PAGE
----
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Named A Best Book of by the New York Times Time Magazine the Boston Globe and Entertainment WeeklyA sharp eyed uniuely humane tour of America's cultural landscape―from high to low to lower than low―by the award winning young star of the literary nonfiction worldIn Pulphead John Jeremiah Sullivan takes us on an exhilarating tour of our popular unpopular and at times completely forgotten culture Simultaneously channeling the gonzo energy of Hunter S Thompson and the wit and insight of Joan Didion Sullivan shows us―with a laidback erudite. In Unknown Bards Sullivan s essay about American Blues music we get this uote from Dean Blackwood of Revenant Records I have always felt like there wasn t enough of a case being made for blues musicians greatness You ve got to have their stuff together to understand the potency of their work The same can be said about John Jeremiah SullivanUntil now Sullivan s essays have entered the public sphere only piecemeal through periodicals like G Harper s Magazine and The Paris Review With Pulphead we get the first compilation of Sullivan s essays and only the second book of his ever published What emerges from this collection so than if one were to read these essays on their own is a uniuely talented American writer and voiceSullivan s prose is humble and emotional while never self centered or overbearingHis prose is opposite that of a political pundit s a sophist sportscaster or expert social media consultant Our society is uick to confuse wisdom with declarative opinions From Sullivan don t look for grandiose reformations of opinions into facts Words like guarantee definitely undoubtedly are as foreign to Sullivan as pretentious ualifiers like My twenty years of successful leadership on the Hill Or I have been saying all along and I will say it again John Doe is the best athlete sinceSullivan deals in grey In his essays he even takes self deprecating swipes at his own credibility as a writer I don t know I had no pseudo anthropological moxie left Or Ordinarily one is tense about interrogating strangers worried about freezing or forgetting to ask what ll turn out to be the only important uestion Or about Axl Rose who the entire essay The Final Comeback of Axl Rose was supposed to be about I don t know him at allSuch self deprecation is uncommon from writers and reuires immense self confidence These swipes in their humanity though have a way of increasing Sullivan s credibility Such subtleties are the touch of a confident Velazuez at the height of his technical masterySullivan s technical mastery of his craft his tantalizing crackling prose is what allows the reader to learn not only about the subject of the Sullivan s eye but also about Sullivan himselfWhether John Jeremiah Sullivan is writing about pop culture youth movements religion music or geology there is always reverberating just beneath the surface of the lead story the narrative of Sullivan s own lifeThe story of Sullivan s life has a way of turning the reader inward The reader becomes a reader of his or her own storyIn Upon This Rock Sullivan journeys to the Creation Christian Rock Festival We learn that Sullivan began this journey with the mindset that his trip to Creation would be a lark Instead Sullivan provides a vivid account of a humbling human journey of self exploration I went back to the trailer and had as the ladies say where I m from a colossal go to pieces I started to cry and then stopped myself for some reason I felt nonsensically raw and lonely What a d%ickhead I d been thinking that this trip would be a larkIn this raw emotion and through empathy for the people he is writing about Sullivan achieves at Creation some clarity about his own life and his own relationship with spiritualitySullivan s prose in Upon This Rock stands up to today s frenetic digital fragmented and hyperlinked world His prose is like a glorious mixed media work of art a orange yarn glued on top of a black and white photo underneath and oil painting of an purple pink evening skySome critics are uick to draw parallels between Sullivan s style and that of David Foster Wallace the patched together disjointed brilliance A apt description of Sullivan is that he is a self assured humble updated and less egotistical Hunter S ThompsonIn his journey to Kingston to meet the Last Wailer the influence of fellow Kentuckian Hunter S Thompson is most apparent There was a big open air bar Mind if we smoke Llewis askedWe rolled a two sheeter under a giant sign that said NO GANJA SMOKING Llewis is not the Last Wailer He is just a tour guide helping Sullivan with the essay The essay is about neither Llewis nor Sullivan but in a way it does become about them and about something bigger than just Bunny WailerLike with Thompson s writings in Sullivan s essays we are always presented the author s story But Sullivan s first person narrative is far less Gonzo than Thompson sSullivan strikes a tone that is gently lovingly irreverent than that of The Decadent and The Depraved Thompson s brilliant essay about the Kentucky Derby Sullivan replaces Thompson s vitriolic I m not a member of the Country Club so everyone who is is a small minded sycophant bitterness with an even though a Country Club can be a culturally empty place there are individuals inside of it that I am sure have some vulnerability some humanity that I can write about empathySullivan opens his heart to his subjects While his methods for interviewing and writing alike may not be ganja free and are unconventional they are far from bitter angry or temperamental A warm self confidence respect for mankind self deprecation and desire to know pulsates through Sullivan s writing like a bubbling brookIn Peyton s Place Sullivan has crafted a shrewd commentary on pop culture parenthood and of the way media in its many forms is blurring the lines between what is real and unreal public and private With a keen sense of humor and a big heart Sullivan has an adroit and playful way of mending his language to match his subject The brunet s uestion had given me a small surprising tilt of nostalgia Did we know that we used to be on a show Did we know that One can almost hear the unwritten OMG at the end of that sentenceSullivan doesn t play with language in this way to be demeaning rather he uses it as a way to show empathy and to self reflect Brunet is a carefully brilliantly chosen word This superficial identification is similar to the kinds of superficiality that occurs within the very sitcom being filmed in Sullivan s home a show that Sullivan is neither admonishing nor praising because he is both removed from the show but also has an indirect hand in fostering its productionSullivan doesn t deal in absolutes He is constantly exploring through his pen He is trying to determine what is really real who he really is how he relates to another person what it all means His language will disarm you with humor with a familiarity and modernity that carries his words with a Trojan horse like slippage into your psyche for a long long while Pulphead is a collection of essays that proves Sullivan is a young and lively Southern writer not to be overlooked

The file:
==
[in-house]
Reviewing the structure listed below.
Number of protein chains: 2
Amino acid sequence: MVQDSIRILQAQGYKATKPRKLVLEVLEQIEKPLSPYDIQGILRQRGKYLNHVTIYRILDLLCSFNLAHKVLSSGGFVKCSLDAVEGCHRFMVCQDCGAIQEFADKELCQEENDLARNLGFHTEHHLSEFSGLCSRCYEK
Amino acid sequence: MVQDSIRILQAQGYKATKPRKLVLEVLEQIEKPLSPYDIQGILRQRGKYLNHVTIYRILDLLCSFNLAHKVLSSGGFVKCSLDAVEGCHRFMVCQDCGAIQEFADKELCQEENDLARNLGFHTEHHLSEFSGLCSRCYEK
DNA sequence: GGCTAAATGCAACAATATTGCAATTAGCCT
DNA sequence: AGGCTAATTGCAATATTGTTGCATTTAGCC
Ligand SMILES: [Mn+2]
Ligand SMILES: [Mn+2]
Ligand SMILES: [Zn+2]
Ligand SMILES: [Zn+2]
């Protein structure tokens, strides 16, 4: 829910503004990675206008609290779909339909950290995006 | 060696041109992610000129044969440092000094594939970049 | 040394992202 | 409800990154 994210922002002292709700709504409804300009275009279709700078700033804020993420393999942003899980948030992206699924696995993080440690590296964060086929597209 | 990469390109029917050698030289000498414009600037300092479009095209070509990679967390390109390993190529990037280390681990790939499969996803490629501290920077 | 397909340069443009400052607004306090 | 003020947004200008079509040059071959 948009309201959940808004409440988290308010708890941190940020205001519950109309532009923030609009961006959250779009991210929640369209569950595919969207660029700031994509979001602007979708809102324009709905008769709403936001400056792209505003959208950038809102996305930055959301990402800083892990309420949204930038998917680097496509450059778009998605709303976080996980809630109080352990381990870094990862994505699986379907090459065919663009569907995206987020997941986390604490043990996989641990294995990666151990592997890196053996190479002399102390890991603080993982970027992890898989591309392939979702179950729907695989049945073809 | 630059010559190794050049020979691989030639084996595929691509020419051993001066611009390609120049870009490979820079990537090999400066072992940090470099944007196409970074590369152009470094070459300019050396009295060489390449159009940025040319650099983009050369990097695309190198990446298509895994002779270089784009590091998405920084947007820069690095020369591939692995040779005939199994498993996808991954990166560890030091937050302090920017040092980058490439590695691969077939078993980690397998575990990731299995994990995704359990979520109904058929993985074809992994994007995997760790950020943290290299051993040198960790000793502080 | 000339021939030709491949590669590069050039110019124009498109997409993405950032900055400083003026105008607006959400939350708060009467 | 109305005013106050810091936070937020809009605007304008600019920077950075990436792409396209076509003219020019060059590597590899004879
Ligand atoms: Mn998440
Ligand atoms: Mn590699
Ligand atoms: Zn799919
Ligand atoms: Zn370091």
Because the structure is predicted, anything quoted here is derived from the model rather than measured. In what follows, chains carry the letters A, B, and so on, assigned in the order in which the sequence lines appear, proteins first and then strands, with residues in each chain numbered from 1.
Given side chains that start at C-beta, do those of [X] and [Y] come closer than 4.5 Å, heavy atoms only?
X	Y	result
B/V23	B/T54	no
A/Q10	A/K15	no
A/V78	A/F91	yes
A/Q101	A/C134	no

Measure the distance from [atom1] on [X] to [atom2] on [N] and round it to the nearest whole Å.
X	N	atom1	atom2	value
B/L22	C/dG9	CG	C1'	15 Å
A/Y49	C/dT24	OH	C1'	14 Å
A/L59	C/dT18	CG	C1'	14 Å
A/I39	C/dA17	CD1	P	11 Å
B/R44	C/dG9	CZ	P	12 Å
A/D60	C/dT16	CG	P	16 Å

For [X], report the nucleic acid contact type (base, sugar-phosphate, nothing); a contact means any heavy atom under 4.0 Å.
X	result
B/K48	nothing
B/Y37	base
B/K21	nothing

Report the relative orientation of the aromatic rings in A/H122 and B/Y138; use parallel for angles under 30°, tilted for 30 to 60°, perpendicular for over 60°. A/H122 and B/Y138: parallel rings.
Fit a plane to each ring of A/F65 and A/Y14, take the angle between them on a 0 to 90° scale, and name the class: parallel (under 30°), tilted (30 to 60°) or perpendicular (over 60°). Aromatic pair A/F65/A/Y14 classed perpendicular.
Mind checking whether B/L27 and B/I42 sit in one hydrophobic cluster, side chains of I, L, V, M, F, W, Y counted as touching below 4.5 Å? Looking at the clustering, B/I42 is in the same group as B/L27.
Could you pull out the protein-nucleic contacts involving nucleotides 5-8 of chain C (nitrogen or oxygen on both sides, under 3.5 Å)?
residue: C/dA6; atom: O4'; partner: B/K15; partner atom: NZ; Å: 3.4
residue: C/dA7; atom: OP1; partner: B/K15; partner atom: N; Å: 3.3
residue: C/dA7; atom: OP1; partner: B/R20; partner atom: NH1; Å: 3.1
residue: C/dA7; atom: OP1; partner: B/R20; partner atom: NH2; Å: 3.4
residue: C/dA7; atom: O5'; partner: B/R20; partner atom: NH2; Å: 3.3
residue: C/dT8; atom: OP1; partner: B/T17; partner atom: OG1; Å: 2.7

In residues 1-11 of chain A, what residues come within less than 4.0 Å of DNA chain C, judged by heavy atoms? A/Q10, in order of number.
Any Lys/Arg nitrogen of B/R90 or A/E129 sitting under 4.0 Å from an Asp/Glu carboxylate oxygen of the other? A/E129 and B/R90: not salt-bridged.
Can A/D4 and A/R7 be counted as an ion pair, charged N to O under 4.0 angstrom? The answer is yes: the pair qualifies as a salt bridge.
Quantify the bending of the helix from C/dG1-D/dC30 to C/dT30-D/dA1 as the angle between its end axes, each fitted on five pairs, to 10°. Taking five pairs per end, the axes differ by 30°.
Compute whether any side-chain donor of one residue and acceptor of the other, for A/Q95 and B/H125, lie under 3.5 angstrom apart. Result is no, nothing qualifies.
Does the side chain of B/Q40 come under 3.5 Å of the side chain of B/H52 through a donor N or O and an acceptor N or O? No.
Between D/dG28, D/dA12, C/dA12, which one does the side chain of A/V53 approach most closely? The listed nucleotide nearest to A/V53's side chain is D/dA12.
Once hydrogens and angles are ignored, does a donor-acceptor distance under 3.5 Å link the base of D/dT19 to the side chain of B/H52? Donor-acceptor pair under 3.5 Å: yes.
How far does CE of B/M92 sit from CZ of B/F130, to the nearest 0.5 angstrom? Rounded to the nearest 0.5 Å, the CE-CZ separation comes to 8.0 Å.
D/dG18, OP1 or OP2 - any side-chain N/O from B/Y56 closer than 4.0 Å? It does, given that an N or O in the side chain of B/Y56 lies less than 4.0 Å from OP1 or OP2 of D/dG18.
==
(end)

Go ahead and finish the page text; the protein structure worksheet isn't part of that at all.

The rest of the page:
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Investigate the formative years of Michael Jackson and Axl Rose and then to the Gulf Coast in the wake of Katrina―and back again as its residents confront the BP oil spill Gradually a unifying narrative emerges a story about this country that we've never heard told this way It's like a fun house hall of mirrors tour Sullivan shows us who we are in ways we've never imagined to be true Of course we don't know whether to laugh or cry when faced with this reflection―it's our inevitable sob guffaws that attest to the power of Sullivan's work. In amongst all the serious stuff about going on holiday you have to mix in some fun so when I saw this reviewed I thought it might make a suitable companion on my long planned Deep South Musical Odyssey between Mobile and Austin Specifically I thought it would be good for the flights between London and Houston an antidote to all those government papers and intelligence briefings I usually carry with meSome of Pulphead was particularly apposite given that I was finally bound for New Orleans seven years after my original visit was postponed by Katrina with a chapter about post Katrina New Orleans the dead animals the new camaraderies the stories of near death and of how WWIII nearly breaks out in the ueue for gas an episode which prepared me well for the driving etiuette on I10What s really striking and skilful about much of Sullivan s writing is the way each article slips seamlessly and almost unnoticed away from its supposed subject So the first chapter supposedly about a Christian rock festival is used as a vehicle no pun intended for a cautionary tale regarding the perils of driving oversize RVs Here also is revealed the author s enviable ability to uote the scriptures without believing a word an ability which also comes in useful in a later chapter when he catches a Christian fundamentalist attributing to Marx a mantra actually originating in the BibleIn previous times I have despite his political leanings enjoyed the writings of PJ O Rourke I have shamelessly stolen the joke he uses as epigraph to Republican Party Animal and refer ad nauseam to Holidays In Hell especially that teasing farm animals is the national sport of Spain though I did find his explanation of The Wealth Of Nations rather dull Sullivan it transpires I can enjoy guilt free as in American Grotesue for example he manages to confirm for me all my prejudices about the Tea Partiers with their dog whistle racism superstitious opposition to Obamacare and general antipathy to government usually to their own detriment In fairness I d guess PJ himself would do a job on the TP and possibly has But Sullivan is mostly uite subtle in his put downs applying the judo approach of using his targets own numbskullery to tell its own story Give em enough ropeFour of the standout chapters deal one way or another with the music industry There s a touching chapter in defence of Michael Jackson in which both barrels are levelled at those involved in the Martin Bashir inspired witch hunt against the singer There s an amusing account of how the author succeeded in interviewing just about everybody ever involved in Axl Rose s life except Axl himself The account of his interviews with Bunny Wailer is interesting for the insights into the story of reggae in Jamaica especially those dealing with Bob Marley and chilling for the insights it gives into the politics of the island And he provides an impressive textual analysis of a blues country song as a lead in to an essay on the blues industry as possibly invented by whites which also gives a fresh look at Robert Johnson and his lyrics in a chapter inviting comparisons with Amanda Petrusich s It Still Moves a book examining Americana music which nevertheless manages to spend a whole chapter looking inside the Cracker Barrel restaurant chainSullivan s Epilogue is set in Disney World which is portrayed as little less dystopian than the theme park in Westworld a movie in which Yul Brynner playing a robot gunslinger goes rogue and somehow overriding the park s safety features starts killing people Just like in fact the world s animals will soon start doing if you believe the chapter Violence Of The Lambs HilariousI d almost say there was something for everybody but then I realise the everybody I ve polled here is just me